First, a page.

17 are still approximately three of those crime bases that we are interested

18 in with respect to this Accused. So the short answer to Your Honour's

19 question is that we would be looking to add three additional crime bases to

20 the indictment as it currently exists.

21 JUDGE KWON: In addition to the current charges?

22 MR. MUNDIS: That's correct, Your Honour. We are not looking to

23 replace any of the existing crime base but, in fact, to add three

24 additional crime bases to the indictment as it currently stands.

25 JUDGE KWON: Thank you. But when do you think the Prosecution

Page 34

1 could file the amendment, actually leave to amend the indictment?

2 MR. MUNDIS: I would anticipate, Your Honour, that we would be

3 in a position to seek leave to amend the indictment no later than the end

4 of October 2005.

5 JUDGE KWON: It will be about around four months time from now.

6 MR. MUNDIS: That is correct, Your Honour.

7 JUDGE KWON: Could it not be done a bit earlier? By the end of

8 September?

9 MR. MUNDIS: I assure you, Your Honour, that we are working as

10 quickly as possible. It might be possible, but the --

11 JUDGE KWON: Why don't you set an aim date by the end of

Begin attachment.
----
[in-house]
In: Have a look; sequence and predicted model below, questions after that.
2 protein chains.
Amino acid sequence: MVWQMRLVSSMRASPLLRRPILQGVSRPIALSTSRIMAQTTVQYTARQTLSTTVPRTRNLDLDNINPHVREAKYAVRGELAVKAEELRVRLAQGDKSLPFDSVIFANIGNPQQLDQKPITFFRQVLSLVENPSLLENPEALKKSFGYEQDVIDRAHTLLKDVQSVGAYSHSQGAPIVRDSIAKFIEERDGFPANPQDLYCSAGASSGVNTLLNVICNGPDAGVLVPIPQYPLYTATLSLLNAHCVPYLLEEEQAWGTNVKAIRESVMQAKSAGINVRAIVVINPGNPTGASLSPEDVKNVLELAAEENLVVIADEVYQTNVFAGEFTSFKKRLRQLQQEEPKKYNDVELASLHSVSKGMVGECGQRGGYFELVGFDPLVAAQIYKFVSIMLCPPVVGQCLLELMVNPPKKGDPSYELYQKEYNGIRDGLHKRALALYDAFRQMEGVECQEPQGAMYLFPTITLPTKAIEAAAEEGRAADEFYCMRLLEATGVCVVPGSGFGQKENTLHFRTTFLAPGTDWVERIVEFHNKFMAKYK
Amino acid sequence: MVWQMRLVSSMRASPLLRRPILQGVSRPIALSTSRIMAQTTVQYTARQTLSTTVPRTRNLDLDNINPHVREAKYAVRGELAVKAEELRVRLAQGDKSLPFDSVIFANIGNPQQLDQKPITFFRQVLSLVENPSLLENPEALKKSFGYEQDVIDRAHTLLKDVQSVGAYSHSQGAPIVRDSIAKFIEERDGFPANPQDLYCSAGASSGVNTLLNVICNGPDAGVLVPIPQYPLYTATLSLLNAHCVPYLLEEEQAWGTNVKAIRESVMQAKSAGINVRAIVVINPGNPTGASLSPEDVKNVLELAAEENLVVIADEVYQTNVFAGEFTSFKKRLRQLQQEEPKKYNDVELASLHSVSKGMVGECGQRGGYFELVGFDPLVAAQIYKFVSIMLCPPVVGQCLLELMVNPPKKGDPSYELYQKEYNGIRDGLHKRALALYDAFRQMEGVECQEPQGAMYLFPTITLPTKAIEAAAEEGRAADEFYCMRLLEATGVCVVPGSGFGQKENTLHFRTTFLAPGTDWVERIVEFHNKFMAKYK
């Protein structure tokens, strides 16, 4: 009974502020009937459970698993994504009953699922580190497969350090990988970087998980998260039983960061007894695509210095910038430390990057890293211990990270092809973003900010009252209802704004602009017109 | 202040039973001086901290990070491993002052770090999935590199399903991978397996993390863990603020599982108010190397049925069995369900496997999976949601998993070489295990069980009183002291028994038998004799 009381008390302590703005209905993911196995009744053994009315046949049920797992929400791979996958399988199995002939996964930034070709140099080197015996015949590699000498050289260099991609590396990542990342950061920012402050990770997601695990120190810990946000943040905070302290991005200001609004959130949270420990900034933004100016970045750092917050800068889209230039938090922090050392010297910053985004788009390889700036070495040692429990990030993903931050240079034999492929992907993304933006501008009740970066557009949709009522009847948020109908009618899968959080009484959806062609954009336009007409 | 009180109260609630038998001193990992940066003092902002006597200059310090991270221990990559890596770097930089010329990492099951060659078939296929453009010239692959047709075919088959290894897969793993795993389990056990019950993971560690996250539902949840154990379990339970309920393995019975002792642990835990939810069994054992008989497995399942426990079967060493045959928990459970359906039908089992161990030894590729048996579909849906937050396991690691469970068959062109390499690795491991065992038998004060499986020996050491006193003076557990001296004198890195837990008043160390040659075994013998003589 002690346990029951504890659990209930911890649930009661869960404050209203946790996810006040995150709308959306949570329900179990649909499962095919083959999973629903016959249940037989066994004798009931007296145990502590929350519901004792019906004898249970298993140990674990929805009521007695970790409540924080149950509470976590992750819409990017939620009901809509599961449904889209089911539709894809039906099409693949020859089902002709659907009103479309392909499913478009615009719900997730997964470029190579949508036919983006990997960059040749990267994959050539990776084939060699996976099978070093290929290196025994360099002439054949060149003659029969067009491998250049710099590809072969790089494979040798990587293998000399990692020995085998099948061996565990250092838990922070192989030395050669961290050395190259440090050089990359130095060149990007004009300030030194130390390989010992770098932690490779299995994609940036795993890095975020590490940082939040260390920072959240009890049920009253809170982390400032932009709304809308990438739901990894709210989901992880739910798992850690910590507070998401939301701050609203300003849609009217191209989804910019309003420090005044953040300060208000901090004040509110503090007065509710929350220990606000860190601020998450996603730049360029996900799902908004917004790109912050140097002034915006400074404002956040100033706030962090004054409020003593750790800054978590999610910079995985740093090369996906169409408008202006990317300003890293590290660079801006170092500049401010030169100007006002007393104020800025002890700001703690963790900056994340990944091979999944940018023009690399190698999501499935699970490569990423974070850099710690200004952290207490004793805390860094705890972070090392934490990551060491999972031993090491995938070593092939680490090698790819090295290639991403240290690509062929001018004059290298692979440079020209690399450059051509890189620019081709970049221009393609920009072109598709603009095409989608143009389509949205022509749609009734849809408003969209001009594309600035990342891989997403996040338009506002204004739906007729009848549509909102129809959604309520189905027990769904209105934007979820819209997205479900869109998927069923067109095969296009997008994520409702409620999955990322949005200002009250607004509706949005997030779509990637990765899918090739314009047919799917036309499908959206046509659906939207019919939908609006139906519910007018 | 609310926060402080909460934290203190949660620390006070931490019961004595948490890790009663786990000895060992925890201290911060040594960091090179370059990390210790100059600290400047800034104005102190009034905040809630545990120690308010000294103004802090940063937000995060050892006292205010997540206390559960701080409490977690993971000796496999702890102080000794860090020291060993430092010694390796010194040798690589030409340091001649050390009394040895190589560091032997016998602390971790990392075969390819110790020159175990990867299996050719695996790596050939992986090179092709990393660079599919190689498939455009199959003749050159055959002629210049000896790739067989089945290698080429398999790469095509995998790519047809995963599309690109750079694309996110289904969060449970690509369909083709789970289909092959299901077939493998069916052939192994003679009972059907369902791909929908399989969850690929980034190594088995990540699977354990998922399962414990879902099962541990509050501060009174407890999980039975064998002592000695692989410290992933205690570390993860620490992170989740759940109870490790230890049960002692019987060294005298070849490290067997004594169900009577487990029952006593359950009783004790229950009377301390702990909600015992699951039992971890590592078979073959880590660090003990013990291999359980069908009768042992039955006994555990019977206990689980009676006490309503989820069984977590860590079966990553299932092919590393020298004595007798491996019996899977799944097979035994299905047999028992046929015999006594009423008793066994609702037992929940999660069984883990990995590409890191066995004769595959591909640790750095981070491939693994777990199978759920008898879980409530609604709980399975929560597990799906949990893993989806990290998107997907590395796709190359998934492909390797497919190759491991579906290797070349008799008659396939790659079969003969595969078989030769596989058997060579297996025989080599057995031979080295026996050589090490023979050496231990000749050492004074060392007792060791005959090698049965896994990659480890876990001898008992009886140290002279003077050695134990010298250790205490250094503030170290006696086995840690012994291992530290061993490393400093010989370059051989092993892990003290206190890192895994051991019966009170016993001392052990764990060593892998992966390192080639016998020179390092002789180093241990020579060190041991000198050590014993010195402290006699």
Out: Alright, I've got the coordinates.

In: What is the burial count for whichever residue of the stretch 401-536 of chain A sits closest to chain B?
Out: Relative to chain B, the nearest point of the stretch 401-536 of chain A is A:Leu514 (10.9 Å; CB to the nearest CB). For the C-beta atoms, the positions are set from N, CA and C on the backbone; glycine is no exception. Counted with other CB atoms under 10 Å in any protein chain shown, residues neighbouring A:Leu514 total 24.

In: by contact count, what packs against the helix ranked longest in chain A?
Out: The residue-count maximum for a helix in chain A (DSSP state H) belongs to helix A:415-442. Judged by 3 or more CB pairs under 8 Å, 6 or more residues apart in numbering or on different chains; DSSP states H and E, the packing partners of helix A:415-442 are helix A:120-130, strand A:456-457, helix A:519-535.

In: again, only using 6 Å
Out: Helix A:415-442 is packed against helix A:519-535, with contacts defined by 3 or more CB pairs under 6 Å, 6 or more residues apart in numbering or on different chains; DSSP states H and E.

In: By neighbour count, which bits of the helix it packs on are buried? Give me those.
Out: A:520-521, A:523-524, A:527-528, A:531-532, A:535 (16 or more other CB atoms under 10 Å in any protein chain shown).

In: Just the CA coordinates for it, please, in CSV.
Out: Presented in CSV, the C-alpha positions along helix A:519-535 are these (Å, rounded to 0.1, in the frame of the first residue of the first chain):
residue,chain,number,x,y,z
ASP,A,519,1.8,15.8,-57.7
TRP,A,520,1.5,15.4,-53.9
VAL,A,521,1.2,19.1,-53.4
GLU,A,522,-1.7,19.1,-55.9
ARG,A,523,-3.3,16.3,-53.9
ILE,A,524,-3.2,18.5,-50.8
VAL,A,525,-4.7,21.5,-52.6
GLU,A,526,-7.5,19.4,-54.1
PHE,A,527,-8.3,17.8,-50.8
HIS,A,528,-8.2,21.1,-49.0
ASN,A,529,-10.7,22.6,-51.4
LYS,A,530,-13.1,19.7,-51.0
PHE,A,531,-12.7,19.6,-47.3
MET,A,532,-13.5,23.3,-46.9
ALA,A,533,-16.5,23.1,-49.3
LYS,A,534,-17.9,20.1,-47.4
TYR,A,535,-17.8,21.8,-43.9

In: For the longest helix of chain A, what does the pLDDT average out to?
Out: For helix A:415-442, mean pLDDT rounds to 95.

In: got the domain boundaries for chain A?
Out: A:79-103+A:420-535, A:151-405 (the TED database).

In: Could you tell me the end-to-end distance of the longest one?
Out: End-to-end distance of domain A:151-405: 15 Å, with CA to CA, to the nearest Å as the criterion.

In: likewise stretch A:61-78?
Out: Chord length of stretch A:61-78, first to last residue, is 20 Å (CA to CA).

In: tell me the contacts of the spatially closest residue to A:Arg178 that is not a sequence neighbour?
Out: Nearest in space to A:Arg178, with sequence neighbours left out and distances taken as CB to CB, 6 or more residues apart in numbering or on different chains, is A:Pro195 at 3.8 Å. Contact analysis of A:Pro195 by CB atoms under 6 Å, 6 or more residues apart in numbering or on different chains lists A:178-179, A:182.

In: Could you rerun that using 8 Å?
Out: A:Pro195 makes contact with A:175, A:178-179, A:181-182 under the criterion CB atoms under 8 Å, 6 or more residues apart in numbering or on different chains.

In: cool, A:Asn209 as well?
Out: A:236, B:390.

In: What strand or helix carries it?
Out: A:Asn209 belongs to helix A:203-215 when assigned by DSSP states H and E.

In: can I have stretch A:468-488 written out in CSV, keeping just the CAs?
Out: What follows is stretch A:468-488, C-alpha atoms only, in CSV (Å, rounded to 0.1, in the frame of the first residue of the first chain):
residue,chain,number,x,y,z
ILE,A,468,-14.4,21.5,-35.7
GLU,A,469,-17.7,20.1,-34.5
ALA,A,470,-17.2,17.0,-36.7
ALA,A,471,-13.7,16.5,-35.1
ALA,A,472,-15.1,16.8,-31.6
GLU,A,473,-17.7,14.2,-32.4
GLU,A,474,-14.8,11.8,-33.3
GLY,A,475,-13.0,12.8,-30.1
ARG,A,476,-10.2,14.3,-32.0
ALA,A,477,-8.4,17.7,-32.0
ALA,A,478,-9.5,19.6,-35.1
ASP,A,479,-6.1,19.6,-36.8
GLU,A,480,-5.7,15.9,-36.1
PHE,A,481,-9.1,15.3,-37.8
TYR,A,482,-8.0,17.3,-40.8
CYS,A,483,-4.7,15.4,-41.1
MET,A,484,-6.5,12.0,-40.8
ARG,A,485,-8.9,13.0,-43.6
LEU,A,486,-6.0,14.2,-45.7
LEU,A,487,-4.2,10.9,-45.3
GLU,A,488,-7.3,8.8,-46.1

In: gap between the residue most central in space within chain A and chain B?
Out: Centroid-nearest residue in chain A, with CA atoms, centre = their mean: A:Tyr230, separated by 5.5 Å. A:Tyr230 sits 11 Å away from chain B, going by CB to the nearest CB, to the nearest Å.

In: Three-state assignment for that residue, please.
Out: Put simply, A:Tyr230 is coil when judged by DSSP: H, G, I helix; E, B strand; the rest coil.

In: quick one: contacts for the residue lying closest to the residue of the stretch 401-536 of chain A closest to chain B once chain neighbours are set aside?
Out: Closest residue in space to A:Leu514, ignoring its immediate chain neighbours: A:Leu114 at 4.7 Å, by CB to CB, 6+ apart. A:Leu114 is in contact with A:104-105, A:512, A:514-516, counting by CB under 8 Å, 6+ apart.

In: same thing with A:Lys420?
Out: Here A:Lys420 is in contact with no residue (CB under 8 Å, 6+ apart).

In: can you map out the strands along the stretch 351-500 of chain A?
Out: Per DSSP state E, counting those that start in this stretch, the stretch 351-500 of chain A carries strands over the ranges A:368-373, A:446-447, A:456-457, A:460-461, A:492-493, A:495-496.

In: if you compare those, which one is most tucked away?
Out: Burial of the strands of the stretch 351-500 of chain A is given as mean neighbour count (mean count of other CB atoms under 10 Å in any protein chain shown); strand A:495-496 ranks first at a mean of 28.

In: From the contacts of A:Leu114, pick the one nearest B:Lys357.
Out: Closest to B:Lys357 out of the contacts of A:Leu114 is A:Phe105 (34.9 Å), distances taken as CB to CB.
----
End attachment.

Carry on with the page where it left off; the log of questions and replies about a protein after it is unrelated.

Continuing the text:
12 September, and if necessary, you can ask for an extension of time.

13 MR. MUNDIS: Thank you, Your Honour.

14 JUDGE KWON: Let's proceed on that basis. 66(A)(2) disclosure.

15 I was informed that you anticipate about 50 or 60 witnesses as the

16 indictment stands, as it is now.

17 MS. HENRY-BENJAMIN: That is correct, Your Honour.

18 JUDGE KWON: When do you think you can complete the disclosure,

19 together with expert witnesses?

20 MS. HENRY-BENJAMIN: Your Honour, as my colleague just

21 indicated, this is a very --

22 JUDGE KWON: Apart from the amendment, yes.

23 MS. HENRY-BENJAMIN: Yes. I think it's a bit premature to give

24 a specific time period because of the fact, as my colleague indicated

25 before, the seniority of the Accused, we are still in doing some

Page 35

1 investigations ongoing. And so I think it may be a little premature at

2 this stage for us to be able to give an exact, period and that is why I

3 think we said maybe 50 to 60 witnesses because we are still assessing.

4 JUDGE KWON: Which means you can disclose these materials on an

5 ongoing basis?

6 MS. HENRY-BENJAMIN: Yes, Your Honour. That's precisely what I

7 said. We are disclosing as an ongoing basis, but as to say when completion

8 -- to give a date for completion, it's a bit difficult at this moment.